Issues of relevance today
Most of the major questions facing socialists at the present time are not new, having come up previously in different forms and in other contexts. Many of the issues in the fight today nevertheless bear a similarity to what the Second International took up over a century ago:
Political power: Probably the single biggest thread running through the resolutions adopted at Second International congresses was that every major issue facing working people was inextricably tied to the question of political power, and the need to replace domination by capitalists and landlords with the rule of working people. A revolutionary transformation of the entire social order was necessary.
War and militarism: Workers need to oppose all imperialist wars, Second International resolutions asserted. Not an ounce of support should be extended to these ventures, they insisted. The fight against militarism and war, together with the entire war machine, is a key task, part of the overall working-class struggle.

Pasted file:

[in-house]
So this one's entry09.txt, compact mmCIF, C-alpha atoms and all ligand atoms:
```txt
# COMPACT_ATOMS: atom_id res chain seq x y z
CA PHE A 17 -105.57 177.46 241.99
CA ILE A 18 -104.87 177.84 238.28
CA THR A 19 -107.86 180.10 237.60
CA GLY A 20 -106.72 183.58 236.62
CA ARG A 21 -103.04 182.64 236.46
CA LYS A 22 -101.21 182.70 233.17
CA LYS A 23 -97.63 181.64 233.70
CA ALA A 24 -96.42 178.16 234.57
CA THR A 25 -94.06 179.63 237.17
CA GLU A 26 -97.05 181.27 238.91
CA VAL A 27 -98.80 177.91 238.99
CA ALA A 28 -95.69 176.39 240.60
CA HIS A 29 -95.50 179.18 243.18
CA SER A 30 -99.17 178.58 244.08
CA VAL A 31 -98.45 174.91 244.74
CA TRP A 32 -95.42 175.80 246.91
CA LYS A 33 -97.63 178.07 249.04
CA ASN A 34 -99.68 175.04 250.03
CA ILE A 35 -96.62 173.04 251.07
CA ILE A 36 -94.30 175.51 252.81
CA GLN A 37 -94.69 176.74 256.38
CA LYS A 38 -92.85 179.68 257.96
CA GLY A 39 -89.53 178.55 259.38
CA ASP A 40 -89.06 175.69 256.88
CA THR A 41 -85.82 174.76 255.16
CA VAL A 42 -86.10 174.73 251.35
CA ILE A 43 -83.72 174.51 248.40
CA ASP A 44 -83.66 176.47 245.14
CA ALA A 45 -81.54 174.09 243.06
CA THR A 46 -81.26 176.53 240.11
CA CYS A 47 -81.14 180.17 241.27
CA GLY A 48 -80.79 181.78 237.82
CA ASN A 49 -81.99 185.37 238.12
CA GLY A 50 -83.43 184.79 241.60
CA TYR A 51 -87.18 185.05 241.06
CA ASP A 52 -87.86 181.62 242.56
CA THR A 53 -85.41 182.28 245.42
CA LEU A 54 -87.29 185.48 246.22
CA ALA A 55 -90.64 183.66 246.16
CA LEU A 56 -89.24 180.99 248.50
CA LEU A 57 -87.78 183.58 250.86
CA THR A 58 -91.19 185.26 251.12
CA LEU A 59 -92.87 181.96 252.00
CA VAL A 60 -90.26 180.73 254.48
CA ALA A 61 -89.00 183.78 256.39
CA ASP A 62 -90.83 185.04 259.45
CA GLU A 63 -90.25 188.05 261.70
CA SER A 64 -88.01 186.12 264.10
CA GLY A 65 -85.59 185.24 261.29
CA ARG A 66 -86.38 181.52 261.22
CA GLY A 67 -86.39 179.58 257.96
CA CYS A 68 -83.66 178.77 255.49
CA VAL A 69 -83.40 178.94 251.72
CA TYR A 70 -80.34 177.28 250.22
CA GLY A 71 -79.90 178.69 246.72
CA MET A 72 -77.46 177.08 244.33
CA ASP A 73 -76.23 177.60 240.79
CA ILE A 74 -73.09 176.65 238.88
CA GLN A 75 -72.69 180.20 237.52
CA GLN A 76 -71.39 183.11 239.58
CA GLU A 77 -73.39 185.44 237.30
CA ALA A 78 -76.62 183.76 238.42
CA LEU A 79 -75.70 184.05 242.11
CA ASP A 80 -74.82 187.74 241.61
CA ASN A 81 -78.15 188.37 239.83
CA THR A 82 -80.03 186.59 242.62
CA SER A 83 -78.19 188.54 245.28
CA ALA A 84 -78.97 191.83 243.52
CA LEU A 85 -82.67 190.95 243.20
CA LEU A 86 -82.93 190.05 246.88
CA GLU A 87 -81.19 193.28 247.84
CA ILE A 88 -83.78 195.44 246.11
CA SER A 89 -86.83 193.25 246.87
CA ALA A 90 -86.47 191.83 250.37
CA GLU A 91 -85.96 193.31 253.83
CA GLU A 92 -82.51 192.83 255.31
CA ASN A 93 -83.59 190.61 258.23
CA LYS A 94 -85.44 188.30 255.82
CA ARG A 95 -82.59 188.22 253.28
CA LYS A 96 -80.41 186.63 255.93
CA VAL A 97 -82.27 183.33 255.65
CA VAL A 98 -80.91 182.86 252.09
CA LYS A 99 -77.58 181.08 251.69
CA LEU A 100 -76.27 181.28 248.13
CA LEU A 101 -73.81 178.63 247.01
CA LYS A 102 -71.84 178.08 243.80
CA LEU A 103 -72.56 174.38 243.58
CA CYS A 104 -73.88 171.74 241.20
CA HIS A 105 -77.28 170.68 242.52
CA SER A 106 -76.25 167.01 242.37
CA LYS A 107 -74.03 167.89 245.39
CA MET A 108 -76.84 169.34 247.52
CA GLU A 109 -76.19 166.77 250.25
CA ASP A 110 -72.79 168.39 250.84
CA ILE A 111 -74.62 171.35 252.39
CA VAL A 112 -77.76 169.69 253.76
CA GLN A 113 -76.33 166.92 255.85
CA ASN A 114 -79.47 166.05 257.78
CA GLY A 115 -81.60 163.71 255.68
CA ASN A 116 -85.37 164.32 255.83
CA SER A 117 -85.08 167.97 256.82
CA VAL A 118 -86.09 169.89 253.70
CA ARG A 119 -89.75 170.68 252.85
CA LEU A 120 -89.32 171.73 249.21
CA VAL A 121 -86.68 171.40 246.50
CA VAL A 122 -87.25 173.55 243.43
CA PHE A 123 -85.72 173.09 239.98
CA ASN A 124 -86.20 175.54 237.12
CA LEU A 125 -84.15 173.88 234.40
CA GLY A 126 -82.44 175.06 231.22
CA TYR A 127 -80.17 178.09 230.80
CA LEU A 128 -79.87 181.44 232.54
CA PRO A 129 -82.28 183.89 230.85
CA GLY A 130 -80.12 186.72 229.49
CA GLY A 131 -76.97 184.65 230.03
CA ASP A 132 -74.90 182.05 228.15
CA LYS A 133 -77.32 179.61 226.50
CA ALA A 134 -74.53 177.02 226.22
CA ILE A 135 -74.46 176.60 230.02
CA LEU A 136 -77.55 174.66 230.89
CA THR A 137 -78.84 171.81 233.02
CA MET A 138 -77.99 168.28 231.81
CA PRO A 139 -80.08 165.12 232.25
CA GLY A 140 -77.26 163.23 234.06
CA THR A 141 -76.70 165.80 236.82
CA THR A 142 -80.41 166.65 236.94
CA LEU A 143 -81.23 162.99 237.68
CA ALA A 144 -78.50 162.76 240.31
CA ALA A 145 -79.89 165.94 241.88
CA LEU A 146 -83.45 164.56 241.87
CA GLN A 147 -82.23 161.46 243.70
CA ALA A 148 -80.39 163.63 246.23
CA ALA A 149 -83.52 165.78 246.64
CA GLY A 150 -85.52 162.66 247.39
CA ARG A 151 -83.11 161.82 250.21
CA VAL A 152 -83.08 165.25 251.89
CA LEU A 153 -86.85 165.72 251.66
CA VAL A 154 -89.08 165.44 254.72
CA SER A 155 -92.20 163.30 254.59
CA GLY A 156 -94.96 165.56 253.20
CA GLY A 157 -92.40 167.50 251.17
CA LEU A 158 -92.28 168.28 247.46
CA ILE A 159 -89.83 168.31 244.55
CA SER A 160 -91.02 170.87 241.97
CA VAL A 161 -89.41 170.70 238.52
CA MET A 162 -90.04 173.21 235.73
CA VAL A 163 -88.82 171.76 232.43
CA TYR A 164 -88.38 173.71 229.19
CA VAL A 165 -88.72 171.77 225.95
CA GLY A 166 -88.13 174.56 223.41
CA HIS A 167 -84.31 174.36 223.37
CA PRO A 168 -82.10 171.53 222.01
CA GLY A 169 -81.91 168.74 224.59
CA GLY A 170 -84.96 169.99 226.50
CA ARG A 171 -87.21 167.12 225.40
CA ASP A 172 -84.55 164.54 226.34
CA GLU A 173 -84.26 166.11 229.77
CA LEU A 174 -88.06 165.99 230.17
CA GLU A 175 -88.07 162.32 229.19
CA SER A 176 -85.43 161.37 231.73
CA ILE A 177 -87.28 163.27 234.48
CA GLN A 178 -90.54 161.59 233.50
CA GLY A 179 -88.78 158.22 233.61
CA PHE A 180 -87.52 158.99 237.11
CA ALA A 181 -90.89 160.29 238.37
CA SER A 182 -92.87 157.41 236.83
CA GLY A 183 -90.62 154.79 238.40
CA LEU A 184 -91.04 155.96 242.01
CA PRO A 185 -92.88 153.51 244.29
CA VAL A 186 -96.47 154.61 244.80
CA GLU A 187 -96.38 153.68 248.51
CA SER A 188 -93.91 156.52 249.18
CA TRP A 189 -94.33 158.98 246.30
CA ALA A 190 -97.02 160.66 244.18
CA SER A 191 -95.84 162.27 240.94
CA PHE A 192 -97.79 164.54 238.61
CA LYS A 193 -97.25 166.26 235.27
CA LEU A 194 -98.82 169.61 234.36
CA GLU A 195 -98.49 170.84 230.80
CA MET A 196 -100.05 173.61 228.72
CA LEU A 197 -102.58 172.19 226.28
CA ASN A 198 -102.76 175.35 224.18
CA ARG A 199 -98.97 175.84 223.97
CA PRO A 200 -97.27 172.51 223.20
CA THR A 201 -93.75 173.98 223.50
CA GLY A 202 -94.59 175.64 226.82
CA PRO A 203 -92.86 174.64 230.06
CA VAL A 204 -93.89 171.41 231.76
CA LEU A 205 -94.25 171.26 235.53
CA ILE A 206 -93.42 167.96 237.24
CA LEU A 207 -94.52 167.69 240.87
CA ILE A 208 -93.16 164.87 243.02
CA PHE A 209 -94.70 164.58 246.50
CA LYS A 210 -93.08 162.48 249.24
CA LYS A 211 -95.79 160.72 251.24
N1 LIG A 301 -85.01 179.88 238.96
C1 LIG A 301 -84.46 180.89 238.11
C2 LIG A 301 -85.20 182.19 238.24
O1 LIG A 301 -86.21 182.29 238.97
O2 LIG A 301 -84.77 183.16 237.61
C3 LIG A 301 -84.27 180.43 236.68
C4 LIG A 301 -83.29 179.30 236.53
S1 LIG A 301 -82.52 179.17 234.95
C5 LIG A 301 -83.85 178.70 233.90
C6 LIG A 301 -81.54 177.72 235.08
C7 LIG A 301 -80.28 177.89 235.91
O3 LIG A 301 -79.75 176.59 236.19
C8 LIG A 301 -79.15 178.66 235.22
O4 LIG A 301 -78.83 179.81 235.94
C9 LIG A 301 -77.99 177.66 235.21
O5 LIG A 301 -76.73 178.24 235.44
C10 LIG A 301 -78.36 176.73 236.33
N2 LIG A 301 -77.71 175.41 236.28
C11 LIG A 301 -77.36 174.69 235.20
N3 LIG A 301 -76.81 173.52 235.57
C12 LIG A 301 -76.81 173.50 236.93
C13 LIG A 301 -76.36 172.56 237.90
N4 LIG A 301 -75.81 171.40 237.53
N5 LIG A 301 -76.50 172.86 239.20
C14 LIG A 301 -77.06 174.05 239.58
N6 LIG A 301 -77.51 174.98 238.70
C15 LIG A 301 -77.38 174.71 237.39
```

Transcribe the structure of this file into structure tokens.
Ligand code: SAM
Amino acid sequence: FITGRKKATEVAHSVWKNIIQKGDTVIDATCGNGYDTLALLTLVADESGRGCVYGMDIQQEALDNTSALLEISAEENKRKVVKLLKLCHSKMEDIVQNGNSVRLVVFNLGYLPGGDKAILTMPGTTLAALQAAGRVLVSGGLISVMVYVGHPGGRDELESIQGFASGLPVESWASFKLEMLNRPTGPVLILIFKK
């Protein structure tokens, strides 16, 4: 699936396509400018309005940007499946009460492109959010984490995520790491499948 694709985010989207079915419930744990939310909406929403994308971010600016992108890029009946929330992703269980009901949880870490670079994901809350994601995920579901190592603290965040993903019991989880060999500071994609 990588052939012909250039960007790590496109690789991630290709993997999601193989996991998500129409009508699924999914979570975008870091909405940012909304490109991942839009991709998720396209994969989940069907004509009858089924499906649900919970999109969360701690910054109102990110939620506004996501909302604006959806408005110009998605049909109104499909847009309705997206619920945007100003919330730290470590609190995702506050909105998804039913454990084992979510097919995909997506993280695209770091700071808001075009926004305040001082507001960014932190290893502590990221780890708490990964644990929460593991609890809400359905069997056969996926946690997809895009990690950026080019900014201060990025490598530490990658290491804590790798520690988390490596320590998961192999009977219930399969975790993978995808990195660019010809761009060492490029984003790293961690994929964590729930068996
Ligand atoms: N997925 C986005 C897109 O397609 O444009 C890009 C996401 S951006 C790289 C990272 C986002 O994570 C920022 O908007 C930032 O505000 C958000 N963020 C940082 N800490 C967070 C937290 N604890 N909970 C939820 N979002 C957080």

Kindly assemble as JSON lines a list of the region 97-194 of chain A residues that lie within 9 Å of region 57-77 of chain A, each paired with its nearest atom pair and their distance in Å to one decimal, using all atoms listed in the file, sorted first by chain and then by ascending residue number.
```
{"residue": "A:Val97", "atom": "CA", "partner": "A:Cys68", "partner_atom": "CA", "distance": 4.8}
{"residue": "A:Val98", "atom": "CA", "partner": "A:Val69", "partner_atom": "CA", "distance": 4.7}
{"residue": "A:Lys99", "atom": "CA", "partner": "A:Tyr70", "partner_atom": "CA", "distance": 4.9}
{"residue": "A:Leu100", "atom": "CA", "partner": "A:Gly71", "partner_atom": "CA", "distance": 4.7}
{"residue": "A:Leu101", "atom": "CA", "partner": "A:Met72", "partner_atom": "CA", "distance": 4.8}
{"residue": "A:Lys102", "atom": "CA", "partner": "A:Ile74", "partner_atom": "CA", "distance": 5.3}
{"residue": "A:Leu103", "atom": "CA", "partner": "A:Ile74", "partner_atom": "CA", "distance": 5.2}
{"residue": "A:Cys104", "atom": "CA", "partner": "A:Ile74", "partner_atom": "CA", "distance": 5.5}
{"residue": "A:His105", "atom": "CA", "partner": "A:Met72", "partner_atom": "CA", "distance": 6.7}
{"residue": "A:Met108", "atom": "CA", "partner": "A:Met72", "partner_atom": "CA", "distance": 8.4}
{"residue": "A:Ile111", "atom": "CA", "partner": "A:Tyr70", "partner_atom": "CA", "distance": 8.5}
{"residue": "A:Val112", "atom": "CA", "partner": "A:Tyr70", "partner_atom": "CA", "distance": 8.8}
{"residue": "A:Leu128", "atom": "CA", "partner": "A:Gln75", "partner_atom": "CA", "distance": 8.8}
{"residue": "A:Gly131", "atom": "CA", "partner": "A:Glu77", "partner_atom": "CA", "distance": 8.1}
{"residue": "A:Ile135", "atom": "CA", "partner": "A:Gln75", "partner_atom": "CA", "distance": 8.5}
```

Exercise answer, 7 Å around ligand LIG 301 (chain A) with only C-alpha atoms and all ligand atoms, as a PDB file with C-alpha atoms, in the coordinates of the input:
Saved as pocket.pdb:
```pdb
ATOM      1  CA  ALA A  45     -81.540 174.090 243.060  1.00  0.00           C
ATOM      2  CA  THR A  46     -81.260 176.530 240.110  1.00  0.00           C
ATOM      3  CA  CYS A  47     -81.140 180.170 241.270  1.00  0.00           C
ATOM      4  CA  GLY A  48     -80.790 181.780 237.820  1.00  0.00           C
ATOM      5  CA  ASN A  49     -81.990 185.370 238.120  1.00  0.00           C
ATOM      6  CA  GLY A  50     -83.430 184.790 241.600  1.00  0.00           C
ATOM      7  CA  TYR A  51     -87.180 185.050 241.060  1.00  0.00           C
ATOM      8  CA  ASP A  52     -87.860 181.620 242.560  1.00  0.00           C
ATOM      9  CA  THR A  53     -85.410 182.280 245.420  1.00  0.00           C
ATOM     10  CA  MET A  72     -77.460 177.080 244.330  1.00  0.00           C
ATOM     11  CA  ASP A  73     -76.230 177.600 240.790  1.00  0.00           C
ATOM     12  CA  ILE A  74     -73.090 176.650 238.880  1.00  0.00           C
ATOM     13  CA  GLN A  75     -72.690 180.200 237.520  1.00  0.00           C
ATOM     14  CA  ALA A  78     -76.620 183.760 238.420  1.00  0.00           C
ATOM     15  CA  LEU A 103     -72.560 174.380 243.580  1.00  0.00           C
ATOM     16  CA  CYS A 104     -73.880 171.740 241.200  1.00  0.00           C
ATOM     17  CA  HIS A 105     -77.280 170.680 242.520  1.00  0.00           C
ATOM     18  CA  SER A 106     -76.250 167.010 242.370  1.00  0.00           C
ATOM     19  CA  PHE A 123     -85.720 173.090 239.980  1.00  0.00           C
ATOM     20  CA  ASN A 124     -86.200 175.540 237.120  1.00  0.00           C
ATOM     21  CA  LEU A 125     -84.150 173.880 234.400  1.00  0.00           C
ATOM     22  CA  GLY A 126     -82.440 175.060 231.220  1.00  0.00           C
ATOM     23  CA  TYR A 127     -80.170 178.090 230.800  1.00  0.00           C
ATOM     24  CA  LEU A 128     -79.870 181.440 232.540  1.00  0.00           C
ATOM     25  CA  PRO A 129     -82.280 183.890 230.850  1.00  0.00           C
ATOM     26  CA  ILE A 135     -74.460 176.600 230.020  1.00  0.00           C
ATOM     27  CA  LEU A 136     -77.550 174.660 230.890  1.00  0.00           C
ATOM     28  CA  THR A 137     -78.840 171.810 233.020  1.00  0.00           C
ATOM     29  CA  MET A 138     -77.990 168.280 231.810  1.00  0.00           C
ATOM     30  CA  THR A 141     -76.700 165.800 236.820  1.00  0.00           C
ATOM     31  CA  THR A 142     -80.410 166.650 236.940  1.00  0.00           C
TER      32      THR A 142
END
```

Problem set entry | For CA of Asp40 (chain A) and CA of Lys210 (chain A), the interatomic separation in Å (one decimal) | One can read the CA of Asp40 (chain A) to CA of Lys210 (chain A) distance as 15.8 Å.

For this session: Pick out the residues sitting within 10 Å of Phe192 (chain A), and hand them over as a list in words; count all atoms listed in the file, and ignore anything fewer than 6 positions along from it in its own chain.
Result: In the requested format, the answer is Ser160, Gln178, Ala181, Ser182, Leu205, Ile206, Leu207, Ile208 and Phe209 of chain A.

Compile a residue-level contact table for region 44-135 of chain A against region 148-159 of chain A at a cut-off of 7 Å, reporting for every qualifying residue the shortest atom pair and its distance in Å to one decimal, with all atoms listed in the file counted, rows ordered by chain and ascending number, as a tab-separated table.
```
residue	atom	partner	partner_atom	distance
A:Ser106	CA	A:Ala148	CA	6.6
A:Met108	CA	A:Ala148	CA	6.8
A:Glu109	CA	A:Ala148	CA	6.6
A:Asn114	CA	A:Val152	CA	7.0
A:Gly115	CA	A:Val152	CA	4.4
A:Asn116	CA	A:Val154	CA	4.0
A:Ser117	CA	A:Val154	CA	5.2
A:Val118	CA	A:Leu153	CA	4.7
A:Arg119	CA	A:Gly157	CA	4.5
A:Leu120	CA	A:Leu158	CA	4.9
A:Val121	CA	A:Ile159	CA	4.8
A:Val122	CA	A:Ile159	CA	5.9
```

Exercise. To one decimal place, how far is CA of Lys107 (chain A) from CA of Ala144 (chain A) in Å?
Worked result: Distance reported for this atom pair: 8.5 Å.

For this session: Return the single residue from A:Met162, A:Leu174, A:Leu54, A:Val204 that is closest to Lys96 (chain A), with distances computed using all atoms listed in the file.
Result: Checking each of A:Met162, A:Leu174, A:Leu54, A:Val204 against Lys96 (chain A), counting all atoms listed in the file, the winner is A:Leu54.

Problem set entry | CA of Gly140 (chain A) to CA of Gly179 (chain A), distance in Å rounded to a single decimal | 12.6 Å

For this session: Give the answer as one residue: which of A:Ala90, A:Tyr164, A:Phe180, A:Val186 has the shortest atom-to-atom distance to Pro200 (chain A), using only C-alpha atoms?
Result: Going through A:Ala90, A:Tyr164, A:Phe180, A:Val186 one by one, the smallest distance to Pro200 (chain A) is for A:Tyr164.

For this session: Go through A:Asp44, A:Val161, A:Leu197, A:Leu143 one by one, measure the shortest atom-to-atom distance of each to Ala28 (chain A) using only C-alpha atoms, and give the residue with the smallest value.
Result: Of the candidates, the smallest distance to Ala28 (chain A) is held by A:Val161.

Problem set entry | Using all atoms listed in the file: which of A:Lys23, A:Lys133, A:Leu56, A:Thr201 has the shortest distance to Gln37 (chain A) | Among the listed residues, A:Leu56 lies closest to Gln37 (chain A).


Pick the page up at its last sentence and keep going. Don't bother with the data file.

Democratic rights: Resolutions adopted at international congresses stressed the centrality of political and democratic rights. They viewed these rights as tools in the revolutionary struggle, and pointed to why the working class has the biggest stake in the fight to win them.
Trade unions: Central importance was placed on unions, seeing them as the most basic organization to defend workers’ interests. The right to unionization needs to be defended, along with eliminating all restrictions on the exercise of union power.
Imperialism and colonialism: Colonial conquest and plunder of the Third World was seen as simply an extension of capitalist exploitation, according to the Second International’s adopted resolutions. Workers therefore need to actively support and champion the struggle for freedom by oppressed peoples fighting imperialist and colonialist domination, along with its racist justifications and rationalizations.
Immigration: The Second International’s resolution of 1907 pointed to the need to oppose all restrictions on the free immigration and emigration of workers, as well as to combat all forms of racist scapegoating. Immigrant workers should be viewed not as helpless victims but as allies and reinforcements in the struggle against capitalism.